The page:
Pets and fireworks can be difficult to manage, and thunderstorm anxiety is one of the most prevalent phobias in animals. Dogs and horses often run away when they are frightened by fireworks or thunderstorms, resulting in them getting lost or even injured.
Eliminating pet anxiety and phobia of loud noises will take time and a planned approach. It is not easy but through a combination of desensitisation, distraction, providing a comforting environment and – where needed – medication, you should be able to reduce your animal’s anxiety and keep your pet safe.
Fireworks and thunderstorm safety tips for pets
The following information is appropriate for domestic pets, especially cats and dogs. Horses can also become extremely anxious from loud noises and escape – we recommend you consult your equine vet for advice on preparing your horses.
- Make sure your pet is microchipped and is wearing their identification tag so you can be reunited if they escape.
- Create a ‘safe place’ for your pet to retreat to with blankets or clothing that has a familiar smell. It might be their favourite spot in the house such as under the bed or inside a wardrobe. Crate training is also an excellent option that will aid your pet to feel safe during times of stress.
- Before the fireworks start, take your pet into the safe room and scatter some treats to keep it distracted and happy to be in the room. Allow them to enter or exit the room freely.
- If you are expecting fireworks, take your dog for a walk in the early afternoon to tire it out.
- Keep your pet inside if possible, in the lead up to and after the fireworks or thunderstorms. Cover any windows in this room to further block out noise and to block out flashes of lightning or fireworks.
- Close bird cages, rabbit hutches and other fixed enclosures and ensure the pet door and windows are closed and locked.
- Secure your property by closing gates and making sure fences are in good condition.
- Do not punish your pet for exhibiting behaviours that are caused by stress. These behaviours may include destructiveness, howling/barking/whining, pacing, or attempts to escape/hide.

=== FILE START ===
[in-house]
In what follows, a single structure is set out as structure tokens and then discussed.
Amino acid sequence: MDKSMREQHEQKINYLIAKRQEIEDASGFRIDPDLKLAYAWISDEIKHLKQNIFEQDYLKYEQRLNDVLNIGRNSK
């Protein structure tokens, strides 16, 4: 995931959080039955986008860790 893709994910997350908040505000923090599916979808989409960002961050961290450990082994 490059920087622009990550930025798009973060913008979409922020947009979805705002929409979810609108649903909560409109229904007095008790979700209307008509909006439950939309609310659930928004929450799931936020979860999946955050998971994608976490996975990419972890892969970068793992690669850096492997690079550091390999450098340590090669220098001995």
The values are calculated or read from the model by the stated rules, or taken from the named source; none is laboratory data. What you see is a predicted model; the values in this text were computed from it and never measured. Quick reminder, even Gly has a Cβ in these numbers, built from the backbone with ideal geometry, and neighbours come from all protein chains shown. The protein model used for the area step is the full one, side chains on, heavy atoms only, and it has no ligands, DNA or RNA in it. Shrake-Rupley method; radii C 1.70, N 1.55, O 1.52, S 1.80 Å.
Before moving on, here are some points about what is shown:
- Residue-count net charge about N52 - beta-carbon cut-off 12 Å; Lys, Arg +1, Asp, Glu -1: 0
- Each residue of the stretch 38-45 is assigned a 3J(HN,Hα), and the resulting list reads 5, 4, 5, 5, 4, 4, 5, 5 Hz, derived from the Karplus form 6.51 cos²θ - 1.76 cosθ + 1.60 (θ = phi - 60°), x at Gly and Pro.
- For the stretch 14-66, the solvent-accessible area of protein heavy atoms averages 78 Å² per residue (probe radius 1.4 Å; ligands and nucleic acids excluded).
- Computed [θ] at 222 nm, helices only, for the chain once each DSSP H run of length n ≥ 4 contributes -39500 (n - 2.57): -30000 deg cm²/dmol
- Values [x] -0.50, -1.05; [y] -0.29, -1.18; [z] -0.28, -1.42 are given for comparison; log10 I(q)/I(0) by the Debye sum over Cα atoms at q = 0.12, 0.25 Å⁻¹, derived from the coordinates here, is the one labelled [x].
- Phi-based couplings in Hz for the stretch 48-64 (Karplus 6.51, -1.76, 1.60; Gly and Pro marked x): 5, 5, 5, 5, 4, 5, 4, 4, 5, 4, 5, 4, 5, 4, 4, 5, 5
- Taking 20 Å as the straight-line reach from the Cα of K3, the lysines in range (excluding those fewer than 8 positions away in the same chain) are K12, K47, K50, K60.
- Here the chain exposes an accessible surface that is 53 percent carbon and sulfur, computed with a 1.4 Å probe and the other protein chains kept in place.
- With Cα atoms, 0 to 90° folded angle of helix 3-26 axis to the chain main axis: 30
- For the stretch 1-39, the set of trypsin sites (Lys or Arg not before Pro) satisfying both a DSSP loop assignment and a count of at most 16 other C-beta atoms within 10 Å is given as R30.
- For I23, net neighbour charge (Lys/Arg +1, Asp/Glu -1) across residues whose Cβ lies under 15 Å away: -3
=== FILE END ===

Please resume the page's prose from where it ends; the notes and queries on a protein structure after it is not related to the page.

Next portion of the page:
- Attempt to engage, distract and reassure your pet that everything is OK, but don’t ‘force’ this if it becomes particularly distressed. Food puzzles and enrichment toys are great for this.
- Beware: if you are leaving the pet unattended in a room and it becomes anxious, it may behave erratically so ensure there are no dangerous items that the pet could chew on or knock. Cords and cabling and any breakables should be removed.
- Have food and toys available in the room such as Kong toys, bones, treat balls and long-lasting treats. Extended chewing will help calm dogs and stimulation will distract them.
- Put on moderately loud music or a TV to muffle loud outside noises and to distract your pet. A small radio maybe a safe way to incorporate noise for distraction into this room.
If you are not home during thunderstorms or fireworks
If you know you will not be home during thunderstorms of fireworks, there are a few additional things to consider:
- Ensure there is plenty of water and some food left for your pet.
- Take your dog to the toilet before locking it up, or if you have a cat, remember to put kitty litter in the room.
- Return home as quickly as possible to check on your pet and take them out to the toilet after the noises have subsided, keeping them on a leash when you do just in case they become spooked.
- Do not punish your pet for any damage/bad behaviour on your return. Being fearful is an emotional and instinctual response an animal cannot control.
Dealing with your pet’s noise phobia
Reassuring and comforting your anxious pet is okay, as long as you do it calmly. Attempt to distract them with toys, a game, enrichment, food puzzles or even some basic training using treats – anything to keep their mind busy and to encourage them to do something fun.
If your pet becomes extremely anxious around loud noises, you should immediately begin desensitisation training or visit your vet to discuss medication options. Anti-anxiety and sedative medication can help and your vet will be able to give you the correct dosage for your pet.
Contact your local council and check your local paper to find out where and when festivities (particularly fireworks in your local area) are planned. Some councils permit fireworks at Christmas festivals in addition to new year’s eve so you may need to schedule your visit to the vet before Christmas.
Gradually exposing your pet to loud noises may, in time, desensitise your pet to the fear it associates with loud noises.
- You can easily find videos of fireworks or thunderstorm noises on YouTube.
- Start playing the noises at a soft volume and gradually work up to a louder volume.
- While the loud noises are on, give your pet treats and play games with it so that it associates positive things with the loud noises. Or feed them their dinner or breakfast.
- If your pet shows any fear or becomes distressed when listening to the CD, turn the volume right down, allow your pet’s fear to dissipate then start the process again, progressing very slowly.